Infectious Diseases of Poverty is an open access, peer-reviewed journal publishing topic areas and methods that address essential public health questions relating to infectious diseases of poverty. These include various aspects of the biology of pathogens and vectors, diagnosis and detection, treatment and case management, epidemiology and modeling, zoonotic hosts and animal reservoirs, control strategies and implementation, new technologies and application. Transdisciplinary or multisectoral effects on health systems, ecohealth, environmental management, and innovative technology are also considered.


  • Xiao-Nong Zhou, National Institute of Parasitic Diseases, China CDC
The publication costs for Infectious Diseases of Poverty are currently covered by the National Institute of Parasitic Diseases, Chinese Centre for Disease Control and Prevention, so authors do not need to pay an article-processing charge.


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  • Pichia guilliermondii-Wuchereria bancrofti co-infection was recorded in a large number of microfilaraemic patients living in a filarial endemic zone of India. The fungus was identified and characterized by PCR-based molecular technique. Image: Pichia guilliermondii-Wuchereria bancrofti co-infection in microfilaraemic patients.
  • A retrospective analysis of the dengue fever epidemic in the Pakistani city of Lahore in 2011 is carried out. The severity of the outbreak is estimated by calculating the basic reproductive number R0 for the epidemic. The estimate is found to be robust, across different transmission models considered by the authors. Image: Aedes aegypti, the disease carrying vector for Dengue Fever.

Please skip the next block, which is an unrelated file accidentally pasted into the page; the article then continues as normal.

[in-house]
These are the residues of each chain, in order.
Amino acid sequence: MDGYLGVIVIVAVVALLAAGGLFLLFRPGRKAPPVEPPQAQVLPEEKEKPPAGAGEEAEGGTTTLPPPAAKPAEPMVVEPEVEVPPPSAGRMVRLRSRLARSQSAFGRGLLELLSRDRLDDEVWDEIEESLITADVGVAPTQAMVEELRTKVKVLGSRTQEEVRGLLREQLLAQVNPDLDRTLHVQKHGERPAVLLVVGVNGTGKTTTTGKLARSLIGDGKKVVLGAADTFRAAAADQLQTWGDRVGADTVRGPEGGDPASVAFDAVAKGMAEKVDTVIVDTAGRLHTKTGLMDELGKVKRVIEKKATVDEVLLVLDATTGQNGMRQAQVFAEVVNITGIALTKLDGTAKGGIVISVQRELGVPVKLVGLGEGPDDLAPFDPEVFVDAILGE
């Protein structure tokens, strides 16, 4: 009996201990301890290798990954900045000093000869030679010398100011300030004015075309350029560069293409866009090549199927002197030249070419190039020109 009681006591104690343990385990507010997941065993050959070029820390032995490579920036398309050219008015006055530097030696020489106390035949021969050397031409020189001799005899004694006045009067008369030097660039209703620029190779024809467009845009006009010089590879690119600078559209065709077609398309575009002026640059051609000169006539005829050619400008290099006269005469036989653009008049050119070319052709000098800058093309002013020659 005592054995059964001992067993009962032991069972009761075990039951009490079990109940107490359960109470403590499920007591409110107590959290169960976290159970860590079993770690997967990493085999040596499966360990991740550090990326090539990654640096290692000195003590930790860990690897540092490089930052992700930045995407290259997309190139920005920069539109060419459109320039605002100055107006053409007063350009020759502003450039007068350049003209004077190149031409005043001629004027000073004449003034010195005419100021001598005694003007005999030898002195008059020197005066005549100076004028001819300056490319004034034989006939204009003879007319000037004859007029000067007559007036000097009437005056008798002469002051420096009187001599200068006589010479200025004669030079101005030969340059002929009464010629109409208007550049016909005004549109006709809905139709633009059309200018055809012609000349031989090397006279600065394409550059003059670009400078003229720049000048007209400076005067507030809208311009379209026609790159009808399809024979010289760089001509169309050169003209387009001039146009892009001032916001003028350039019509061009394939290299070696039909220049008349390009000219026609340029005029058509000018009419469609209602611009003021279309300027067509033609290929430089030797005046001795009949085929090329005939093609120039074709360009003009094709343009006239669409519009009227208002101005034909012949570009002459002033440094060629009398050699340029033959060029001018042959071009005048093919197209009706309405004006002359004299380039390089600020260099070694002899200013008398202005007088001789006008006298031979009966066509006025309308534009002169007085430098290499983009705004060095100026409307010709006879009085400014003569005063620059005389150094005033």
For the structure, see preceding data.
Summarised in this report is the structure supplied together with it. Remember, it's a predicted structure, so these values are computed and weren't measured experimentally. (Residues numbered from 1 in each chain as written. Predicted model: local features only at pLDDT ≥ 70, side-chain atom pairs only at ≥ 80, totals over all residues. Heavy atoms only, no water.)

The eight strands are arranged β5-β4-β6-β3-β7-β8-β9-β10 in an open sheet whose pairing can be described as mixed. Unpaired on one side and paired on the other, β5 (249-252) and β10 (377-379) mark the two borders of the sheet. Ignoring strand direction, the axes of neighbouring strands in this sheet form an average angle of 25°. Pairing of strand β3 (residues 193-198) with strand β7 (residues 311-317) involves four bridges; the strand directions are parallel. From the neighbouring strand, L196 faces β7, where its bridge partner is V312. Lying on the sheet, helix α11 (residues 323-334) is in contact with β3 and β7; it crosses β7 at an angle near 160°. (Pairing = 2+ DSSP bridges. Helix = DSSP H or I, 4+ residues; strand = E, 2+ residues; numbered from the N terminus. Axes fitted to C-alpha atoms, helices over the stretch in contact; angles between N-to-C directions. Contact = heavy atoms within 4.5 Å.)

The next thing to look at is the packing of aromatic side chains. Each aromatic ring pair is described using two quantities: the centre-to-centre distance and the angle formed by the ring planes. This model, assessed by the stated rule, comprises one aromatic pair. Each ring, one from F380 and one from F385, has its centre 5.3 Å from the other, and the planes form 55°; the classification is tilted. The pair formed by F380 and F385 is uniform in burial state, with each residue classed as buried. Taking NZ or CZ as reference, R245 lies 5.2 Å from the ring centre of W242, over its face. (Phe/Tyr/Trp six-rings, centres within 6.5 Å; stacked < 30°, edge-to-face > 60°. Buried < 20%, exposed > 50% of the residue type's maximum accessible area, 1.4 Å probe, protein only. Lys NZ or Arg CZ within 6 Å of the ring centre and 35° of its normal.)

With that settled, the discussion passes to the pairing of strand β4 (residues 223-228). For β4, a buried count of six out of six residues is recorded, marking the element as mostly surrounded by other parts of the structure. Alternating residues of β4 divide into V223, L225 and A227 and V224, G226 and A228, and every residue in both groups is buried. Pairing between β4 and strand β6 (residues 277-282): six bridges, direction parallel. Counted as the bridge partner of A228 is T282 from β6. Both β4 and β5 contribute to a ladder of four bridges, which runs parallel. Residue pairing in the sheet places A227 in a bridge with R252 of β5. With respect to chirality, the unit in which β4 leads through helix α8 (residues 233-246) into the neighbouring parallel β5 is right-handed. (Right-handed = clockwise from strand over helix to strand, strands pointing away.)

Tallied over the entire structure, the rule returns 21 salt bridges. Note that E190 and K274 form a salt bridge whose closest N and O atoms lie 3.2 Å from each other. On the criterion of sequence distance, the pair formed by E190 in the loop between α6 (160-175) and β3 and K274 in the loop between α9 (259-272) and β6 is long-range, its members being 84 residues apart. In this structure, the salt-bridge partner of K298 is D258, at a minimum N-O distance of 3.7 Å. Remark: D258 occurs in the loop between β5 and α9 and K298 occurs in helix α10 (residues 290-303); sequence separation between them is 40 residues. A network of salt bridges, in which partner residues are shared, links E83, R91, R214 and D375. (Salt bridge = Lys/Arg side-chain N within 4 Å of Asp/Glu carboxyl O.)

• This qualitative study explores the issue of street children in Pakistan, with a special focus on the etiology of the phenomenon. Diseases and poverty go hand in hand and this complex loop ensnares children as well, pushing them towards a life on the streets; exposing them to further illness and paucity of resources. The results discuss various aspects of the life of street children. Image: A street boy in Pakistan.
  • By implementing comprehensive control measures, including treatment of patients for eliminating the source of infection and spraying insecticide in endemic villages to kill sandflies, VL transmission has been brought under control in this region by the early 1960s, and no new infected cases have been found since 1983, achieving the goal of eliminating VL. Image: Geographical distribution of VL in China (1950s).
  • This historical review covers antimalarials developed in China, which include artemisinins and other synthetic drugs. The curative effects of these antimalarials and their combinations therapy in the treatment of falciparum malaria, including chloroquine-resistant Plasmodium falciparum infections, are especially discussed. In response to the global initiative of malaria eradication proposed by the UN Millennium Development Goals, the Chinese government has set a target to eliminate malaria by 2020. Image: To synthesize and research on new antimalarial drug.
  • In 1980~2003, in vitro microtest and in vivo four-week test were used for surveillance of antimalarial drug resistance of P. falciparum. Based on the results, principles and therapeutic regimens for antimalarial drug use in China were formulated, and endemic areas of falciparum malaria have been gradually reducing, and malaria incidence had declined. Image: Determining the antimalarial drug resistance by in vitro microtest.
  • The history of rabies dates back thousands of years. Historically, Avicenna was among those scientists who specifically discussed various aspects of this disease. This article reviews Avicenna¿s views on the rabies and compares them with modern medicine. Image: An imaginary miniature of Avicenna (980-1037 AD).
  • This paper presents a historical assessment of morbidity due to schistosomiasis in China. Very high morbidity and considerably higher mortality were seen before 1949 and in the early phase of the national control program in the 1950s. Clinical presentations of different phases of schistosomiasis at different periods of time were addressed with many examples and images. Progress and some existing problems for schistosomiasis control in China are also discussed. Image: An advanced case of schistosomiasis with huge amount of ascites: abdominal circle 125 cm and the volume of ascetic fluid, 1/3 of his body height.